They continued their journey in silence, wondering what they would find at Drakòn, which they had left soon after the Armistice on 11 November 1918 to return to Paris to recuperate. Although there had been an exchange of letters so that they knew Elle and Abigail had visited Valérie in the States and Jacques was still busy returning some normality to the castle and the old countess was still unchanged in her state of dementia, they hadn’t met up.

Arriving on the familiar gravel parking place in front of the castle, they were surprised to see quite a number of cars, also with English number plates.

“I don’t hope something happened to the old countess,” Agnes observed, “of perhaps her relatives are here.”

A broad-smiling Jacques and Elle stood on the steps of the castle in light summer gear, both in trousers and it dawned on Agnes she always seemed to arrive here in full summer. Only the last time she’d left, it had been a grim Autumn day.

“Welcome again,” brother and sister de Dragoncourt chimed. “Let’s go straight through to the garden, there is no time to waste,” Jacques added. After many kisses and bonjours, they tugged the two young doctors by their sleeves and dragged them to the garden where there was quite an assembly of people dressed festively but also men in military uniforms. Under an arbour a small string quartet was playing Irving Berlin’s That International Rag, which sounded quite cheerful and had already drawn couples to the wooden dance floor that had been created on the lawn. Electric lights were decorating the trees and the necks of champagne bottles stuck out of silver buckets filled with ice. The staff no longer in blood-smeared clothes but in immaculate black and white uniform served the guests as if they had not been through the war.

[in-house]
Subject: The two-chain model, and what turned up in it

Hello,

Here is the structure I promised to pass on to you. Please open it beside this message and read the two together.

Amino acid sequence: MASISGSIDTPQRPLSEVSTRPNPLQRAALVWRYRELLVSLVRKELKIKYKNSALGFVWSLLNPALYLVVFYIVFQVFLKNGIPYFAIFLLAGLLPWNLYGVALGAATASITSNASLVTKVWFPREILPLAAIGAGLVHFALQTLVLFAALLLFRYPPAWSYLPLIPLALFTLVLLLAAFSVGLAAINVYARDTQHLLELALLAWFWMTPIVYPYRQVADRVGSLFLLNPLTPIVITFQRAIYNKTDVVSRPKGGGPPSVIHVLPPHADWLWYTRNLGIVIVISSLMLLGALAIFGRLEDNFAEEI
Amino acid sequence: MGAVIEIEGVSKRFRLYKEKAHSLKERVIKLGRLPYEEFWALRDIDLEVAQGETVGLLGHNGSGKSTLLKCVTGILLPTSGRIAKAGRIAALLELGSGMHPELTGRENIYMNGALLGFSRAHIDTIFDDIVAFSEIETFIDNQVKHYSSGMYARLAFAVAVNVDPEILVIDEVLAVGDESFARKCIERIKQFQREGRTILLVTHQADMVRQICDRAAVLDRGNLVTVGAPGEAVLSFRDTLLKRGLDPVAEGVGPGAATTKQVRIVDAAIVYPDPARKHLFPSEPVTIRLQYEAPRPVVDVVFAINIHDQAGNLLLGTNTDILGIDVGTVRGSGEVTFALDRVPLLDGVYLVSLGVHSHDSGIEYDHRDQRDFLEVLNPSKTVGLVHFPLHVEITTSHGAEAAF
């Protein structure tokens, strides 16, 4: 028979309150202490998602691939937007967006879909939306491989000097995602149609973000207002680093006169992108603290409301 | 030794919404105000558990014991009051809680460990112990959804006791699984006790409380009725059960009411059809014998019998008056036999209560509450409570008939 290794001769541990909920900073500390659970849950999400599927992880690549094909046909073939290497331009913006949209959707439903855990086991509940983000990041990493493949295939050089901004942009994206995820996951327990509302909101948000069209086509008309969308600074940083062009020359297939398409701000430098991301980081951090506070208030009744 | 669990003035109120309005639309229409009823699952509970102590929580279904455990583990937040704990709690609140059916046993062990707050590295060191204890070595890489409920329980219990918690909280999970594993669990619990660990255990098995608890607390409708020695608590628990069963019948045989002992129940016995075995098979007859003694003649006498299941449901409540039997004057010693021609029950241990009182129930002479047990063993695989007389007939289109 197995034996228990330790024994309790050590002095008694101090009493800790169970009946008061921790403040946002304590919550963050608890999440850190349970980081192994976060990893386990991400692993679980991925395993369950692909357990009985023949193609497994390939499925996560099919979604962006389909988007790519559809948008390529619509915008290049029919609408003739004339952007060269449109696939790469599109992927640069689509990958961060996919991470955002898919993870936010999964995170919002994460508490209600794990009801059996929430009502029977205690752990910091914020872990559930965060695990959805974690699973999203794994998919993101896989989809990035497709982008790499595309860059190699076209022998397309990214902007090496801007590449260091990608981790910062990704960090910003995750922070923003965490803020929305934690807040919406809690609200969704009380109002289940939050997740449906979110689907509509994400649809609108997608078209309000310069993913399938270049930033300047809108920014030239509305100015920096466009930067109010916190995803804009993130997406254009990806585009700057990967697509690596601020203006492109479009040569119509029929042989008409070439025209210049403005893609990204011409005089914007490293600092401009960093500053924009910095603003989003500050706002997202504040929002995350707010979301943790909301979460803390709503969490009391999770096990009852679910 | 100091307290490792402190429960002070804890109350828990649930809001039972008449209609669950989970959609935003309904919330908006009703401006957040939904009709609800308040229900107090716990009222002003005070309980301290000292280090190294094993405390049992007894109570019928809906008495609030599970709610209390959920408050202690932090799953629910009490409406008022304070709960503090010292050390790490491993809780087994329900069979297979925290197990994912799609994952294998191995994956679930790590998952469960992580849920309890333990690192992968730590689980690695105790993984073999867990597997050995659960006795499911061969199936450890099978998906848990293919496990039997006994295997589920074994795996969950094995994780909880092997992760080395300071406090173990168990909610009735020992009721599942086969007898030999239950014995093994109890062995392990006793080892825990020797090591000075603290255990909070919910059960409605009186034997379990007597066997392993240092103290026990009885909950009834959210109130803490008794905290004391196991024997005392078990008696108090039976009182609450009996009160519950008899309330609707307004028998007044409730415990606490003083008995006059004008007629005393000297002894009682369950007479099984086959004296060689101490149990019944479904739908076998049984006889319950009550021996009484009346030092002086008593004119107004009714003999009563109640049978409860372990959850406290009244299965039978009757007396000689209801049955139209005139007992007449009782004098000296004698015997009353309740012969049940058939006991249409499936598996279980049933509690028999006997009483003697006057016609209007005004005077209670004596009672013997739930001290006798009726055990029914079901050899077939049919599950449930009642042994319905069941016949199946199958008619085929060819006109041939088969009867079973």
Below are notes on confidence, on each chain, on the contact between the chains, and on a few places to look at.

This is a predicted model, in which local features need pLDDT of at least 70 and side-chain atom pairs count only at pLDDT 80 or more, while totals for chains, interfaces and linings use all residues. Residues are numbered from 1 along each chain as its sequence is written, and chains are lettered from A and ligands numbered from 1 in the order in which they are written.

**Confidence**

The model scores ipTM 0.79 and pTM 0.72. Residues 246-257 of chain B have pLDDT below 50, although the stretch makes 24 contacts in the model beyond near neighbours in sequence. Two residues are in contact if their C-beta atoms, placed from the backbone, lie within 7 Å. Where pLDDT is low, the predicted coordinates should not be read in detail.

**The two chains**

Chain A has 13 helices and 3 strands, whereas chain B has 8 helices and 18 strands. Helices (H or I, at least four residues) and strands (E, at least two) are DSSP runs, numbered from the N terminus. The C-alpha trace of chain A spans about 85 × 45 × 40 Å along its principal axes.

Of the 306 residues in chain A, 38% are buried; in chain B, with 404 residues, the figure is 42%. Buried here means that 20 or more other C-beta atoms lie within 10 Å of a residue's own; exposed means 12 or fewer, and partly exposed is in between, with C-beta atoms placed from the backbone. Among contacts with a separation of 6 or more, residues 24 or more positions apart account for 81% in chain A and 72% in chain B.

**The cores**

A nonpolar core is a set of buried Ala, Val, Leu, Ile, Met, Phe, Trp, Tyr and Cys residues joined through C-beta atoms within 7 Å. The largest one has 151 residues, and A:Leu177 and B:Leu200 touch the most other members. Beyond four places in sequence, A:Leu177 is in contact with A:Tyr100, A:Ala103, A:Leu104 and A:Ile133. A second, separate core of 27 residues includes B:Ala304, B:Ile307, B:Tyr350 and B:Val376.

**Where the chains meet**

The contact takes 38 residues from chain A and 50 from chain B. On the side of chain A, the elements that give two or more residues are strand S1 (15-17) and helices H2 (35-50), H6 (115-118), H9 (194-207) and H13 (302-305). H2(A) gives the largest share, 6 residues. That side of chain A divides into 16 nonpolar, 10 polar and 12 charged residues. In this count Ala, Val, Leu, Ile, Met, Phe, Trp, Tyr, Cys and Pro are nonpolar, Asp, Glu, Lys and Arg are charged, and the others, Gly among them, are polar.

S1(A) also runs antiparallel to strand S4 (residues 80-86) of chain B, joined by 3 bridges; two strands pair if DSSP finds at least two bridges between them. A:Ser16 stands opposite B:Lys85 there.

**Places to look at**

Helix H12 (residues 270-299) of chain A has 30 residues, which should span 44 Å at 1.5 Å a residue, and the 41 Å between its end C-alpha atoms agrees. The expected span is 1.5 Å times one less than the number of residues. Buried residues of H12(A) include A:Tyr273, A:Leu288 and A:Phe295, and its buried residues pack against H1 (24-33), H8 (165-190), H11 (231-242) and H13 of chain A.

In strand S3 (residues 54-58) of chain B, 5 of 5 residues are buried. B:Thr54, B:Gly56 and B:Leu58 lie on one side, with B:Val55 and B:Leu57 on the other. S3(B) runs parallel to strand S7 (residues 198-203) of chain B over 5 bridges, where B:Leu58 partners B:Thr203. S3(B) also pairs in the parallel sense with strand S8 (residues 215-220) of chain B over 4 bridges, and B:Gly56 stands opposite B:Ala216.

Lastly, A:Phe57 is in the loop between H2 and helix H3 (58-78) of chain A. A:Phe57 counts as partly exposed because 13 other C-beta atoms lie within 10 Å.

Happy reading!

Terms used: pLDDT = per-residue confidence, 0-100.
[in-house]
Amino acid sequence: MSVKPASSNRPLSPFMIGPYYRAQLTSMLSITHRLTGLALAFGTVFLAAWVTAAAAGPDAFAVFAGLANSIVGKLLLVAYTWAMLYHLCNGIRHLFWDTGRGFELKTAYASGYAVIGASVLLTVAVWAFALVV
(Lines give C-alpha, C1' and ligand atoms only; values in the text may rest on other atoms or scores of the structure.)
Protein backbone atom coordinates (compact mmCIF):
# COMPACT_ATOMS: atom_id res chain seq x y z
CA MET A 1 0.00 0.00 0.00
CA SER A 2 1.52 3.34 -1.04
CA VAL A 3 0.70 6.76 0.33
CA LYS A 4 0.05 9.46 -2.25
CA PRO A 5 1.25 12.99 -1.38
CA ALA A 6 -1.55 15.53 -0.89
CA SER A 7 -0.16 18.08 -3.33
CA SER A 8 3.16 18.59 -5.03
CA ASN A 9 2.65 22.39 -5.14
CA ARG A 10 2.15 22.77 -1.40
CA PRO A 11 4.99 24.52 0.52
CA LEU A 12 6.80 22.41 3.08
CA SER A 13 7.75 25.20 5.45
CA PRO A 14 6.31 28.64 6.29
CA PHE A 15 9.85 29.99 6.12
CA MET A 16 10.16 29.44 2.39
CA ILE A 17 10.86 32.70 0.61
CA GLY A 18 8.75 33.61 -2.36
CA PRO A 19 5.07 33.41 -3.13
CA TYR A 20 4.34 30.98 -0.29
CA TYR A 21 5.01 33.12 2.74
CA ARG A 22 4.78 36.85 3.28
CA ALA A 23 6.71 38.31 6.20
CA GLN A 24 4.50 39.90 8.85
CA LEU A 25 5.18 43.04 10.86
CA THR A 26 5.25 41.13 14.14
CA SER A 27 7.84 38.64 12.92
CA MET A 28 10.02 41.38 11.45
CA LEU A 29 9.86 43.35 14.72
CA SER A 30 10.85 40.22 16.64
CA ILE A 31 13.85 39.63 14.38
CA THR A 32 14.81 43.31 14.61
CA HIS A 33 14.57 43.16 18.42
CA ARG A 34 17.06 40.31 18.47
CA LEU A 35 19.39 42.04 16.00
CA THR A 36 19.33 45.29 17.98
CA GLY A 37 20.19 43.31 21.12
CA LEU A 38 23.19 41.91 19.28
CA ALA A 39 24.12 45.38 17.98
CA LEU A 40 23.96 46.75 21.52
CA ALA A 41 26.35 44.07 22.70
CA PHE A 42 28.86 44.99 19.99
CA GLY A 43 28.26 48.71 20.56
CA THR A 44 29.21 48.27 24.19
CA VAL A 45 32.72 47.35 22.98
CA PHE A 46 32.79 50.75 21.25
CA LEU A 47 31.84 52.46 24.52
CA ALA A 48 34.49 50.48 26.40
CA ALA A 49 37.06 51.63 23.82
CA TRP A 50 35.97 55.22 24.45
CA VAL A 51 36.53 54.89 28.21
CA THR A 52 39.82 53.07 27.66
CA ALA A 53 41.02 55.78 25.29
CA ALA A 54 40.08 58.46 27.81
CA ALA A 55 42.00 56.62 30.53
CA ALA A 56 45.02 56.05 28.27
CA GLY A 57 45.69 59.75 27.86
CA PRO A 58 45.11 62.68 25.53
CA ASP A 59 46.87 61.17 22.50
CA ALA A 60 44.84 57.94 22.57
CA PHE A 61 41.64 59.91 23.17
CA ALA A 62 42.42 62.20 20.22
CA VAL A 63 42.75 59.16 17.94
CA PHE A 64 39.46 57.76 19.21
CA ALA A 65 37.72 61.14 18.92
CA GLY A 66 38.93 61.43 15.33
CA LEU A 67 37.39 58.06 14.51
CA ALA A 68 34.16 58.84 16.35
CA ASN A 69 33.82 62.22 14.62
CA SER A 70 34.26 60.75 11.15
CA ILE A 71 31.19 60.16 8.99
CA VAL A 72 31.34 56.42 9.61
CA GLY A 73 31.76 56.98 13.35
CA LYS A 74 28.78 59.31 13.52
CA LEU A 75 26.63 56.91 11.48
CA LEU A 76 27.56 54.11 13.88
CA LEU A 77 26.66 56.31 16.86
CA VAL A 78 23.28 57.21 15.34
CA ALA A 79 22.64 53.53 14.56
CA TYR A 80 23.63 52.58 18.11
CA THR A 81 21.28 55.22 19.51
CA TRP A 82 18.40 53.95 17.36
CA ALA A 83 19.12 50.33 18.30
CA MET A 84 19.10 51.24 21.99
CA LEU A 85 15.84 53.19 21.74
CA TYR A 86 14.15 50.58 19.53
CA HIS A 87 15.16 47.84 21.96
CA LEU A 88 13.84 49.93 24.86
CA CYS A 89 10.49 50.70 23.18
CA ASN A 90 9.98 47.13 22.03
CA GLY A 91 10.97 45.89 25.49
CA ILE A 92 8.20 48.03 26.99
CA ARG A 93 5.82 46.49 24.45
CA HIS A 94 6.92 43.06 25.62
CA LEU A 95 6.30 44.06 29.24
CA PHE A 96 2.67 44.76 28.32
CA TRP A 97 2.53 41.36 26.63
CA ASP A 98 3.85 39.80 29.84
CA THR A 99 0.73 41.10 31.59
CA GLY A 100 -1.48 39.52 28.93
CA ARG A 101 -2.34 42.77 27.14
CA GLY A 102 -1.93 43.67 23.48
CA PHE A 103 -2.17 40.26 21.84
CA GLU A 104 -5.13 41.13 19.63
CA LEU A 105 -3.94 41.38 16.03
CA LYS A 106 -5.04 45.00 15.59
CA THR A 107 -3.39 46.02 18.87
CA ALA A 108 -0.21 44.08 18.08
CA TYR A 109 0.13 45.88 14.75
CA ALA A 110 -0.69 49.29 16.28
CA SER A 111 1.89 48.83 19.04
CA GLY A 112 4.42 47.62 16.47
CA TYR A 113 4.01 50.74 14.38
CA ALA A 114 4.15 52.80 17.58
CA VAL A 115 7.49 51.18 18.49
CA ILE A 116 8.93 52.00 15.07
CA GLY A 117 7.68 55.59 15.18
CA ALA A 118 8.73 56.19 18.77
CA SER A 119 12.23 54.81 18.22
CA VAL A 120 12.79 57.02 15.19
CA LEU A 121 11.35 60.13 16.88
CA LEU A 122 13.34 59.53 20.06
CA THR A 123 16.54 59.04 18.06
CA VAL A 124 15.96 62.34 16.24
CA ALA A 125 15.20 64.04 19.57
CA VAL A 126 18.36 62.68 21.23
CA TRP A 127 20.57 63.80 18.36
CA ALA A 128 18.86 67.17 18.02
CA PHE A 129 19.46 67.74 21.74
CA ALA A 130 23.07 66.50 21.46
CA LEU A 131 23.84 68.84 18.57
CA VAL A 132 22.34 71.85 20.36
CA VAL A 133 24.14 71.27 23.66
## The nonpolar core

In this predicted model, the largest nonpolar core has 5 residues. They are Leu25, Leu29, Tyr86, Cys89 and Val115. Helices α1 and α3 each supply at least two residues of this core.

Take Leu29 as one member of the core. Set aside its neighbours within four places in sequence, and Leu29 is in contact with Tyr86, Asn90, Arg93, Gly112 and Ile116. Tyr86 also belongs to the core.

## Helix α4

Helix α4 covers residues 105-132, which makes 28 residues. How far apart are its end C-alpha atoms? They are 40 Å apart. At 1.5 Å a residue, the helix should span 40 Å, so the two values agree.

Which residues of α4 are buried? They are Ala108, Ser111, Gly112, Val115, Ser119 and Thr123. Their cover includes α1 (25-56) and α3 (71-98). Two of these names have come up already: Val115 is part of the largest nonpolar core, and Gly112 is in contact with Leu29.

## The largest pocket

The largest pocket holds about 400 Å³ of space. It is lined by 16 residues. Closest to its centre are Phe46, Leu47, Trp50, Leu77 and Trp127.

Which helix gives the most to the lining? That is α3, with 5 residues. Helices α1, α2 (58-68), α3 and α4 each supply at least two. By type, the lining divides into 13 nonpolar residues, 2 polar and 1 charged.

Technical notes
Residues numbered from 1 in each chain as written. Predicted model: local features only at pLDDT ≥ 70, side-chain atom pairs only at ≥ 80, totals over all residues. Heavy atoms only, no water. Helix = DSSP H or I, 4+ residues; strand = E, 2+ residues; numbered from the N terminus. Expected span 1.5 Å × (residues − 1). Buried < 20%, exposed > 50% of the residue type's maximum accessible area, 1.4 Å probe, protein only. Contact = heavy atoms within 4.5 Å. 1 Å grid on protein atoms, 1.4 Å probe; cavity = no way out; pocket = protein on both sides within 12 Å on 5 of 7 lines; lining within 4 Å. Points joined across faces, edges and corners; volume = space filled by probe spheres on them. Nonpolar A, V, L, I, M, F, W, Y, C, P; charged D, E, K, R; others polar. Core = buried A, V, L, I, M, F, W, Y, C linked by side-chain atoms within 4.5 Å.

Two tall uniformed gentlemen with rows and rows of decorations went up to stand behind a table and signalled the musicians to stop playing. The two generals, one British and one French, stood side by side, looking imperial and victorious on the Drakòn lawn. The British general cleared his throat and in his deep loud voice announced:

“It is an honour to be here today to present to four young French citizens and one former British subject the British War Medal 1914-1918. These five young people have shown immense strength and courage during the Great War. This silver medal, also jokingly known as “Squeak” is awarded to men and women of the British and Imperial Forces who either entered a theatre of war or entered service overseas between 5th August 1914 and 11th November 1918. For over 1100 transports of wounded military from the front to the war hospital here at Drakòn, on numerous times descending into the trenches herself to carry out the wounded men, I’d like to ask Elle de Dragoncourt to step forward.”

Elle looking rather nervous for the first time in her life but hiding it under her usual air of bluff and bravery, marched up to the table, clasping her hands with the invariable red nails in front of her. She slowly bent her head as first the British general pinned the British War Medal and then the French general awarded her with the Croix de Guerre 1914-1918. The sun shone abundantly on her short brown crop of hair and for the very first time in her life, Elle looked vulnerable. A tear slipped down her cheek that she wiped stealthily as she took her up her position next to her brother again.

The general continued: “Abigail MacDonald you are awarded these crosses for at least 700 hundred ambulance rides to the front and back.

“Count Jacques de Dragoncourt you are awarded these crosses for the more than 6000 wounded soldiers that you looked after in your war hospital here at Château Drakòn and giving a temporary place for the almost 700 who didn’t survive their wounds.